For two guys who lived during the 1800s when the modes of travel didn’t include jet planes or bullet trains, Eng and Chang Bunker certainly managed to get around.
That was a theme emerging Friday afternoon during a presentation by the author of the latest book on the pair who lived in Surry County, “Inseparable: The Original Siamese Twins and Their Rendezvous with American History.”
Yunte Huang was speaking at the Earle Theatre in downtown Mount Airy in conjunction with the 29th-annual Bunker Reunion Weekend in which descendants of the twins are celebrating their legacy through a variety of activities. Some of those folks were in the audience Friday afternoon to hear Huang, an English professor at the University of California-Santa Barbara, discuss his book.
The travels of Eng and Chang provided much of his focus, including the departure from their native Siam, and an ocean voyage late in their lives between Liverpool, England and New York City which included an eventful chess game.
To help illustrate the author’s talk Friday afternoon, copies of a handwritten contract were distributed to audience members detailing how the Siamese Twins — who like Huang actually were Chinese — left their homeland now known as Thailand. The original contract is in the possession of the Surry County Historical Society.
Eng and Chang, who were born in 1811, were “discovered” when they were 13 years old by Robert Hunter, a Scottish merchant who saw them swimming in a river and thought it was some kind of sea monster.
After realizing they were conjoined at the bases of their chests by a small band of flesh, Hunter — along with Capt. Abel Coffin Sr. — realized money could be made off the twins by exhibiting them in “freak shows” as curiosity pieces, the author related.
Hunter and Coffin bought Eng and Chang from their mother for $500, essentially making them slaves, the author says. That arrangement also apparently required striking a deal with the King of Siam. The contract was signed on the day of the twins’ departure from their homeland, April 4, 1829, when they 17.
After arriving in America, they were exploited at numerous shows around the country in which people would pay 25 or 50 cents to see the brothers do tricks such as somersaults and backflips in addition to witnessing their physical oddity.
Eng and Chang broke away from this bondage at age 21 and toured on their own, becoming rich enough to retire and eventually settling in Mount Airy in 1839.
The two gained U.S. citizenship and married Quaker sisters in 1843, Huang detailed, and although they had been enslaved before becoming farmers, bought slaves themselves after initially receiving one as a gift from their father-in-law.
Later slavery link
The brothers, who each amassed large families, were true Southern patriots who supported the cause of the Confederacy by sending two of their sons to fight in the Rebel army during the Civil War while also investing heavily in Confederate bonds.
When the North emerged victorious, it cost them heavily, including the loss of slaves who represented a large chunk of their wealth.
“So they were financially wiped out,” Huang said during his presentation.
This led the twins to go back out on the road to rebuild their fortune. In 1870, Eng and Chang embarked on a trip to Europe with two of their sons, which was cut short by a desire to avoid the approaching Franco-Prussian War.
This coincided with the main theme of Huang’s talk Friday, “A Game on the High Seas,” which detailed their voyage from Liverpool to New York aboard the Cunard Royal Mail steamer the Palmyra.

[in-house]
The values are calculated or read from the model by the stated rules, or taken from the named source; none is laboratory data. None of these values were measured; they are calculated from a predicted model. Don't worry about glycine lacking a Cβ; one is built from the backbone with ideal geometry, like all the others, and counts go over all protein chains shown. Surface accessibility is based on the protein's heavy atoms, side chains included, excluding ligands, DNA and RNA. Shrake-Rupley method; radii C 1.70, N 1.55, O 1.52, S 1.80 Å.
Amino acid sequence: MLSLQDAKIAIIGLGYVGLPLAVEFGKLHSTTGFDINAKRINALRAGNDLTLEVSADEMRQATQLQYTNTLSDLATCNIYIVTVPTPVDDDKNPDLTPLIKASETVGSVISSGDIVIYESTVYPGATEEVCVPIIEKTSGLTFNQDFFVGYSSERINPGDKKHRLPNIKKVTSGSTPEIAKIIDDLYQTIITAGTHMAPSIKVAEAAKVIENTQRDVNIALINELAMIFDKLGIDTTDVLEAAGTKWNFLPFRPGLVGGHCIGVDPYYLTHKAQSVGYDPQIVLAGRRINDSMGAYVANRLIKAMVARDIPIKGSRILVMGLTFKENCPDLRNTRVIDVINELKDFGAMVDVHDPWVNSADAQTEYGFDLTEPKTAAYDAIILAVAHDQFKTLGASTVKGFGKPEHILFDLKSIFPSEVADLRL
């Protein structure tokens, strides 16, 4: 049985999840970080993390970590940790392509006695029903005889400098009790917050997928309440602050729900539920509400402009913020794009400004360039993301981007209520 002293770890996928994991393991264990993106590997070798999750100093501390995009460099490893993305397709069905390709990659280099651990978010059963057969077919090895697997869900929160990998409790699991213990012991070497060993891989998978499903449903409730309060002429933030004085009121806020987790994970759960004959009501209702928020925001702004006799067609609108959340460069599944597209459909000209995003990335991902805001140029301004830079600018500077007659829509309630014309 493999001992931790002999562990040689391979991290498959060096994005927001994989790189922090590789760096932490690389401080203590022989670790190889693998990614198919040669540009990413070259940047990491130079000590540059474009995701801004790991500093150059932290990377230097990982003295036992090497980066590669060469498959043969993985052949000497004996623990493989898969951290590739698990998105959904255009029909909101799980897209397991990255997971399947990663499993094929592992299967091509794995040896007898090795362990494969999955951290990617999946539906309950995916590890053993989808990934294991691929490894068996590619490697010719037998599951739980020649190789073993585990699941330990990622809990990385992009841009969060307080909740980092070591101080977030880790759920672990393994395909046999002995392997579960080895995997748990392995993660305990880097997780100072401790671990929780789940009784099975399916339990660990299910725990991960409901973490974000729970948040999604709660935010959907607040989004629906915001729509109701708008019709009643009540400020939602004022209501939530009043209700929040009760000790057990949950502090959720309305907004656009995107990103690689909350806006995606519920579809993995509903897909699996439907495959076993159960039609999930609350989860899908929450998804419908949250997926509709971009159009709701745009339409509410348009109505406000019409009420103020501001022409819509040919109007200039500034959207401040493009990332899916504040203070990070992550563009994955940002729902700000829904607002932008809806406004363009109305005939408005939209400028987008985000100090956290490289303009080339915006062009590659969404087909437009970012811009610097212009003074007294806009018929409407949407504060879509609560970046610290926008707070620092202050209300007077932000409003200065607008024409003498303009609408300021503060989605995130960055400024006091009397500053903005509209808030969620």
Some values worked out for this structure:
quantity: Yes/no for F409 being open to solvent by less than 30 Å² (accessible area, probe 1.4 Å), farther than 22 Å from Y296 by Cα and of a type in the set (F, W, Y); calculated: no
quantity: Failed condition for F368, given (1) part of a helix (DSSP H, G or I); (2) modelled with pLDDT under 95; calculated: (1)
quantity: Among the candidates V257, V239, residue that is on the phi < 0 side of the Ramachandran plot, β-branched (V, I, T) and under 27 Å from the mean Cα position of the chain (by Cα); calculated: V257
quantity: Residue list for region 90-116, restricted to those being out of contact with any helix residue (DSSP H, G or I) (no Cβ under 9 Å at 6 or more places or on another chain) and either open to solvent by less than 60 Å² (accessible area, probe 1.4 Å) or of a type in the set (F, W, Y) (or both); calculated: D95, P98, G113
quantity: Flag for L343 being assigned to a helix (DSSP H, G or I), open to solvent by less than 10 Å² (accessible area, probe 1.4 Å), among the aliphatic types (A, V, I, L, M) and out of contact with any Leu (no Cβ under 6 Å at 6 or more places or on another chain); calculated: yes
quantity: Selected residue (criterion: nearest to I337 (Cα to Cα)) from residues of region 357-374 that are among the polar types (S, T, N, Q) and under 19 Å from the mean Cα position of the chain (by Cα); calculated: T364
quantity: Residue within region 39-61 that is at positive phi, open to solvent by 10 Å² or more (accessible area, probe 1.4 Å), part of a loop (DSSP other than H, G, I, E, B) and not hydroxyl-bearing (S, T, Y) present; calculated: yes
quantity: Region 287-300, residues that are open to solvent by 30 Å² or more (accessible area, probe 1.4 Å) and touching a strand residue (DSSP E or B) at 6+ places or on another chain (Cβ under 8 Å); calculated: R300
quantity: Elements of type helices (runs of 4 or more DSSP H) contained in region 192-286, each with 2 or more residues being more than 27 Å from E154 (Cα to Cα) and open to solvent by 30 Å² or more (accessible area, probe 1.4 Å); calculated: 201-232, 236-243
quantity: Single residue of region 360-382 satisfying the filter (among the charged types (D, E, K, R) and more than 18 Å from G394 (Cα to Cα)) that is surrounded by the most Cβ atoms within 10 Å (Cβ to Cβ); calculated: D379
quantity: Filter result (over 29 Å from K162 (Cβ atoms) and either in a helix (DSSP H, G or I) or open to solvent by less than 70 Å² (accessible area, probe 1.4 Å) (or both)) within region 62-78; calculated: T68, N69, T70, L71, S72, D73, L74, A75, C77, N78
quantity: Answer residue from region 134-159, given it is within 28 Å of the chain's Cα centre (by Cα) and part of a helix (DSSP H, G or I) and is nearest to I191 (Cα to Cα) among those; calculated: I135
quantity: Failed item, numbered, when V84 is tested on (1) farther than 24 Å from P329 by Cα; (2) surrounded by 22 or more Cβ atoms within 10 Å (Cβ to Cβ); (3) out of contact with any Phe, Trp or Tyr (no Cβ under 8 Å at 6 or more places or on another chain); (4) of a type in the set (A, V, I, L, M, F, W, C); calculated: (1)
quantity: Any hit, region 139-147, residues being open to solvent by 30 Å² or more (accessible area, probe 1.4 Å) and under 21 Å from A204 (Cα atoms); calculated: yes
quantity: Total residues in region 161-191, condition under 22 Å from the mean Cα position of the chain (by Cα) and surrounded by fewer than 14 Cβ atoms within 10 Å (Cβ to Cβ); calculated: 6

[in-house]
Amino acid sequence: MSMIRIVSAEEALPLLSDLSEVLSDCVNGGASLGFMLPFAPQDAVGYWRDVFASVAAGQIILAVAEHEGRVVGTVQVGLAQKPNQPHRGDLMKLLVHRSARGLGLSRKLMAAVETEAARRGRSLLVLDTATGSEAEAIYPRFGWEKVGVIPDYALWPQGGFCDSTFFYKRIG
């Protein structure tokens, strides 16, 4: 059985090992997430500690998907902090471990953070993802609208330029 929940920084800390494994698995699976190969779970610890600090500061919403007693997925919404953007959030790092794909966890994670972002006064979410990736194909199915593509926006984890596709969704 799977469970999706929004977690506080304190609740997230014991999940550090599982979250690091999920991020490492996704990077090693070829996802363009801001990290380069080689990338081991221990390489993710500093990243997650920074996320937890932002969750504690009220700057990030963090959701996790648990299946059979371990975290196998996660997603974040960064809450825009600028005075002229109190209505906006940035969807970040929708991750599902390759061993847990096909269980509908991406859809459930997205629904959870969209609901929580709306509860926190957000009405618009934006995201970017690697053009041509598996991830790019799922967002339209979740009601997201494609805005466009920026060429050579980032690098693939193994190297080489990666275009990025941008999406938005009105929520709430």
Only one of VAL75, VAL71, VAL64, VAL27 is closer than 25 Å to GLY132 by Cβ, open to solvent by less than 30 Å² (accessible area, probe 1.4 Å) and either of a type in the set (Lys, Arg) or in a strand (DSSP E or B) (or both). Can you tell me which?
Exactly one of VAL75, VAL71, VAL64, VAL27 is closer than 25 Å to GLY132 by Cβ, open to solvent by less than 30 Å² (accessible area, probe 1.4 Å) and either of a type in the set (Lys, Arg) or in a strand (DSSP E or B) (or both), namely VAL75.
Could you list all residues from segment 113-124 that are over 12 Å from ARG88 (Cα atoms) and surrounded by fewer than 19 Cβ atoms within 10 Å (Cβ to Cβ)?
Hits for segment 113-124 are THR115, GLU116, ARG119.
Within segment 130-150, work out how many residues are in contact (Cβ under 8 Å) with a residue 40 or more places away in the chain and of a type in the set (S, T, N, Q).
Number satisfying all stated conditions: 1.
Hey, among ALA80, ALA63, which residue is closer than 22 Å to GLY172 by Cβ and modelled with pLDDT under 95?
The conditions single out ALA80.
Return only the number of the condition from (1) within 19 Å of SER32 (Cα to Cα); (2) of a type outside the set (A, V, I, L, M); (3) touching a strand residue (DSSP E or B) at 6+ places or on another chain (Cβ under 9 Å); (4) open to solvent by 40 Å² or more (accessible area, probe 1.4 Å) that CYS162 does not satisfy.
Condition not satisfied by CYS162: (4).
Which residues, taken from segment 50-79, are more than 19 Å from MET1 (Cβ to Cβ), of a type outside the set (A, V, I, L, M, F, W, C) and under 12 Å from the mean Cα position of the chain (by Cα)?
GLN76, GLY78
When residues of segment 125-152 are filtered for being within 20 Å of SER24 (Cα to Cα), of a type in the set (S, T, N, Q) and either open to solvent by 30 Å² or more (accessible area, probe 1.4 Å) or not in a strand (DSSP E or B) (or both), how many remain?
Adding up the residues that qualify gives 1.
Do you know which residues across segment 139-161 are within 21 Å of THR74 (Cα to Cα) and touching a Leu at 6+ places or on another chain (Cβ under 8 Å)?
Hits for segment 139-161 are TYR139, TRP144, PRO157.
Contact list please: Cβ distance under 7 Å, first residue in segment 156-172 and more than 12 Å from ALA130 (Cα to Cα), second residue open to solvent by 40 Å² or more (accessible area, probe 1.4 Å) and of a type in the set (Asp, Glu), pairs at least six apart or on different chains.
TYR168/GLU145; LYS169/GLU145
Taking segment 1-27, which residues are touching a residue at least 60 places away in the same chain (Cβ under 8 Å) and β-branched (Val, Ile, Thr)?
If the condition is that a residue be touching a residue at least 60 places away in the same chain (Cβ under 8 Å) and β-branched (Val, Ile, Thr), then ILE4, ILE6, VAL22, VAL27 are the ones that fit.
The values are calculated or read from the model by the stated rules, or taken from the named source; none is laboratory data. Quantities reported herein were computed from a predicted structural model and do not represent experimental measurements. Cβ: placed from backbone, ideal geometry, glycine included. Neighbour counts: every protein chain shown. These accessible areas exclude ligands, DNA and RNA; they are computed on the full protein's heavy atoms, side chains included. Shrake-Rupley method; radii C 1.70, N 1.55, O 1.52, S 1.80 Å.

Ocean travel at that time was a long and tedious affair, and the twins sought a way “to kill the boredom,” Huang explained.
This led to a chess game that other Siamese Twins authors have reported included either Frederick Douglass or a Liberian leader as the opponent.
Huang said he was extremely excited about the irony of former slave owners playing chess against Douglass, an escaped slave who became an abolitionist.
“Unfortunately, it ain’t so,” the author said of that scenario.
But verifying the identity of the true opponent, then-Liberian President Edward James Roye, proved just as noteworthy, added Huang, who showed a slide of the ship’s passenger manifest during his presentation.
“I thought that was as dramatic as if they had been playing the chess game with Frederick Douglass.” Roye also had been born in the U.S. and was the son of a fugitive slave before migrating to Liberia, where the Founding Fathers endeavored to establish a colony of free blacks.
Writing about one particular aspect of Eng and Chang Bunker’s lives proved to be emotionally draining for the author, he admits: their passing in 1874.
Chang had a reputation as a heavy drinker and suffered a stroke in 1870. He eventually died on a cold January morning in 1874.
Huang said this left his brother facing a terrible predicament.
“Suddenly Eng realized his shadow is gone — and is experiencing being alone for the first time,” the author said during a recent interview with the C-SPAN television network in which he discussed his book. “Those were horrifying hours.”
Eng lingered for some time before dying.
“It’s kind of hard to fathom that existential crisis in some ways,” Huang said in the C-SPAN interview regarding Eng’s final hours, “the depth of horror and the feeling of loneliness.”
The author told his audience Friday that he spent much time in Mount Airy while researching his book. This included a cold night in 2005 when Huang stayed at a local campground where one of the twins’ farms was located, not in a camper but a rented Jeep Cherokee.
Huang wanted to be in such a spot as part of a belief of Oriental culture in which “the spirit of a place still lingers” from those who were there before.
“This is truly a great American story,” he said of the Siamese Twins saga.
Tom Joyce may be reached at 336-415-4693 or on Twitter @Me_Reporter.